• In Super Lesbian Animal RPG, Javis creates four "sons" for himself using magic and fragments of his own life essence, in order for them to serve as commanding officers in his plans to take over and reset the planet Reverie at the behest of Queen Verena. At least one of them seems to think that Verena is his mother, but she explicitly denies this.
    • As it turns out, Bartholomew is also an example. He created Cathrine with dark magic back when he was an evil wizard.
  • X-Universe: The Teladi discovered after being isolated from their homeworld due to shifts in the jumpgate network that their unfertilied eggs could still hatch via a parthenogenetic process, though only female offspring were possible. As a result, Teladi in the games are effectively a One-Gender Race.
  • Dmitri Yuriev of Xenosaga cloned himself six-hundred-odd times to create the URTVs, inducing mutations only in the last three four embryos to create the Variants.

    Visual Novels 
  • Ever17 has You'haru, whose daughter is a clone of herself.
  • Kuchiki Toko in Kara no Shoujo has no father, though her mother didn't realize because she had been having sex with someone. However, this man was completely sterile.

  • Akuma's Comics: Both Jenny Wily and the Undertaker only have a father. Jenny was a test tube baby, and the Undertaker's father The Sprite Eater could reproduce asexually.
  • Bomango: Gogo is shown to be able to reproduce asexually when Didi grew and budded off of her. However they see each other as twins, not as parent and child. Also they might be able to reproduce sexually as well because both Didi and Gogo have different sexual/romantic orientations. Gogo is straight. Didi is a lesbian.
  • In El Goonish Shive, Elliot can be considered this in relation to Ellen as she is his Opposite-Sex Clone though her creation was entirely unintentional and they live as brother and sister.
    • Uryuom aliens can produce egg shells that can be injected with 2+ DNA sources (that of the producers and/or other species) to make a child. Normally, two Uryuoms are needed to make the egg shell, but the one who fathered Grace and her brothers had an "abnormality" that allowed him to create egg shells without a mate for the breeding project he worked for.
  • In Zarla's Handplates comics (an alternate universe spinoff of Undertale), Gaster cuts circular pieces of bone from the palms of his hands (thereby also explaining the holes in his hands) and uses them as genetic templates to grow Sans and Papyrus in test tubes.
  • In Homestuck, John is ultimately the "biological parent" (or at least the midwife—shit be truly weird) of all the B1- and B2-universe players, through the ectobiology and time shenanigans of SBURB.
  • In The Inexplicable Adventures of Bob!, Jean tells Bob confidentially that the genetic cocktail which accidentally produced Molly the Peanut Butter Monster contained genetic material from many creatures, including some human — Jean's own. This only accounts for a small part of Molly's genome, but Jean is Molly's mother, just a little bit.
  • Helen Narbon and Helen B. Narbon of Narbonic. The B is for Beta.. In turn Beta created the transgenic human-gerbil hybrids Artie and Zeta, at least one of whom has called her "mom".
  • In Unity, one of the species can reproduce parthenogenetically. Juni Melrose, the main character, is the parthenogenetic offspring of Hira Melrose - and eventually, adopts Hira's second (also parthenogenetic) child. In the spinoff series "Planetfall" we see that some time later, there are quite a few Melroses running around.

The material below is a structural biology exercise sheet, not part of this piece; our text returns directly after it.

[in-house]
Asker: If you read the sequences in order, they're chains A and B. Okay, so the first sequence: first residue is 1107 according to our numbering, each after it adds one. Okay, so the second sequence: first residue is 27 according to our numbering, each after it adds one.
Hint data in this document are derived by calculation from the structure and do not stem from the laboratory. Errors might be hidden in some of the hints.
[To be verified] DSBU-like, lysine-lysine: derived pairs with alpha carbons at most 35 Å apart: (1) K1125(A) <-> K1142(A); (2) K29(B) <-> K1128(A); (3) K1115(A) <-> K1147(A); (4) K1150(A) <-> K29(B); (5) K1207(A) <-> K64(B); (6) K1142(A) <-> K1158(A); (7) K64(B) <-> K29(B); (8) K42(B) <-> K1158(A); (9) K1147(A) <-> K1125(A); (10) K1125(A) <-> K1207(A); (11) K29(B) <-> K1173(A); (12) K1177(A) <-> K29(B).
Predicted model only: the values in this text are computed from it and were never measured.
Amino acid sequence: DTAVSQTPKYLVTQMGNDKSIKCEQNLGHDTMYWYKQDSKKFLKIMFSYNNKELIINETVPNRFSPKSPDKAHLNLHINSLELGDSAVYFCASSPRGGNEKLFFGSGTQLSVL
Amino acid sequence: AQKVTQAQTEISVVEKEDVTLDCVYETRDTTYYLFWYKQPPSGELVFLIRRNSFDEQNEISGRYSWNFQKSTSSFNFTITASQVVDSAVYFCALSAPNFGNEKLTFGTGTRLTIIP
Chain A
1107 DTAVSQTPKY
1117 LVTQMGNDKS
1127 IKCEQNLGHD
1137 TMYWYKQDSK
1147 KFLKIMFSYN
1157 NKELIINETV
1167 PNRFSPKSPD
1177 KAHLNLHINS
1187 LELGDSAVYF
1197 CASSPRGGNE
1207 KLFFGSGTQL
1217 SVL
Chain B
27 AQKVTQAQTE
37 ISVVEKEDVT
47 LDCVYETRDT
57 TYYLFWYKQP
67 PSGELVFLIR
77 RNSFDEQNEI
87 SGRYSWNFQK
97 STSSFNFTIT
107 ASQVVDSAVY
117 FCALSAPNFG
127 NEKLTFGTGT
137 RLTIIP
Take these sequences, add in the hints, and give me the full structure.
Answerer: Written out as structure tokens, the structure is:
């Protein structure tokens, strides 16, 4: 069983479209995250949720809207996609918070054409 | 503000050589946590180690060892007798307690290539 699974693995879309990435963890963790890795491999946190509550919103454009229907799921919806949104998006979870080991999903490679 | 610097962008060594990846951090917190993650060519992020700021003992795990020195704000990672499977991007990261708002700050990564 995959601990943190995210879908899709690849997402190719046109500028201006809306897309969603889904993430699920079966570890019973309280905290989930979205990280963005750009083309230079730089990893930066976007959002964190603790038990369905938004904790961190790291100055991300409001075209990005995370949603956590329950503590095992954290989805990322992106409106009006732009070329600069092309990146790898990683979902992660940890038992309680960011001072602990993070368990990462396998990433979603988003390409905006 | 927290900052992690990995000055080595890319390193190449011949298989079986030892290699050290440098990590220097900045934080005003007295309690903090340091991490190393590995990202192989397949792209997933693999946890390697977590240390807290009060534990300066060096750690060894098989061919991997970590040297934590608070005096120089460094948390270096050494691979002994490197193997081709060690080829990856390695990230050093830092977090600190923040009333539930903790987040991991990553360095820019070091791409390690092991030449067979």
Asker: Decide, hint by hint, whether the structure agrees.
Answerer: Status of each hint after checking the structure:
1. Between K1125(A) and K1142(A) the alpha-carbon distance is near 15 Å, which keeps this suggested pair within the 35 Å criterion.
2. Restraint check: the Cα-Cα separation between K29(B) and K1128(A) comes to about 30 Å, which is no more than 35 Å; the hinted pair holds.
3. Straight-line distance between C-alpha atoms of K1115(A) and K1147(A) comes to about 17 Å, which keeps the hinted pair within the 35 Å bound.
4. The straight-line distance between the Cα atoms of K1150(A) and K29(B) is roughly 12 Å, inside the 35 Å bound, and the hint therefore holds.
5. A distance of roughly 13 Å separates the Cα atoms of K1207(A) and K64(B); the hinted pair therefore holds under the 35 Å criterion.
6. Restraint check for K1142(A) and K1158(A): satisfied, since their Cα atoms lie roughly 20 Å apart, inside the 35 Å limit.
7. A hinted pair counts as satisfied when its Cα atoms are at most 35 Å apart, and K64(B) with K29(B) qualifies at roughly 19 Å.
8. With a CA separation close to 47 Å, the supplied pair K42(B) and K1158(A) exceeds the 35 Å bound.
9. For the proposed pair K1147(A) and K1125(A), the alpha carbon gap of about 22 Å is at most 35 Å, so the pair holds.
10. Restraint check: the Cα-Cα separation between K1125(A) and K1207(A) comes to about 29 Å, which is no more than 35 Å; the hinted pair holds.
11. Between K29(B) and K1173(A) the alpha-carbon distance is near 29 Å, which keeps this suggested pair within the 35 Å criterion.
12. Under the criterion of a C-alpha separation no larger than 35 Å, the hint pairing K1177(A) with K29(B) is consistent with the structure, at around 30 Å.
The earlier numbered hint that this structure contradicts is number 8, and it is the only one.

Web Original 
  • Amoridere: This is the case with Toki and her twin sister Doki, the females of whose species can reproduce through parthenogenesis as is their case.
  • In the Chakat Universe, all hermaphrodites therein are of course able to do this, though they're not supposed to unless they have no other option. (This was done by a villainous skunk in one of Gildedtongue's adventures. Shi is the only canon example so far.)
  • The Dr. Monster video "Sinfant vs. Deady Bear" introduces Dr. Monster's son Sinfant, who appears to have been conceived without a mother to speak of.
  • Looming Gaia:
    • Scylli is an intersex cecaelia capable of both laying eggs and fertilizing them, making him able to have children all by himself.
    • Divines are capable of creating sapient monsters with their divine powers. Whether they consider the monsters their family depends on the divine.
  • Planet Shield from Phaeton designates specific people to be the truly single parents of massive litters, one of which resulted in Nakira. Also the Aud's have been their own truly single parents over and over since the 16th century.
  • Penny Polendina in RWBY was built by Pietro Polendina and refers to him as her father. What truly puts it into this category is him literally donating parts of his Aura to animate her and make her a true, synthetic person as opposed to just another machine.
  • In The Spoony Experiment, this is Dr. Insano's method for creating Son of Insano.
  • In Thalia's Musings, this is Mnemosyne to the Muses, Demeter to Persephone, Hera to Hephaestus, and Zeus to Athena.

    Western Animation 
  • In Adventures of Sonic the Hedgehog, Dr. Robotnik creates a Ridiculously Human Robot son in the form of Robotnik Jr..
  • Adventure Time. This is a more ambiguous example, because of the moral differences of the writers and the disagreements between them, but Princess Bubblegum is thought of as being this. According to Jesse Moynihan, Princess Bubblegum is Lemongrab's mom, although only in the sense that she made him and gave him life. He may share some of her DNA, according to Jesse, but most of the other writers on the show don't view the princess as being a mother to her experiments. This is supported by the fact that she doesn't act like a parent at all.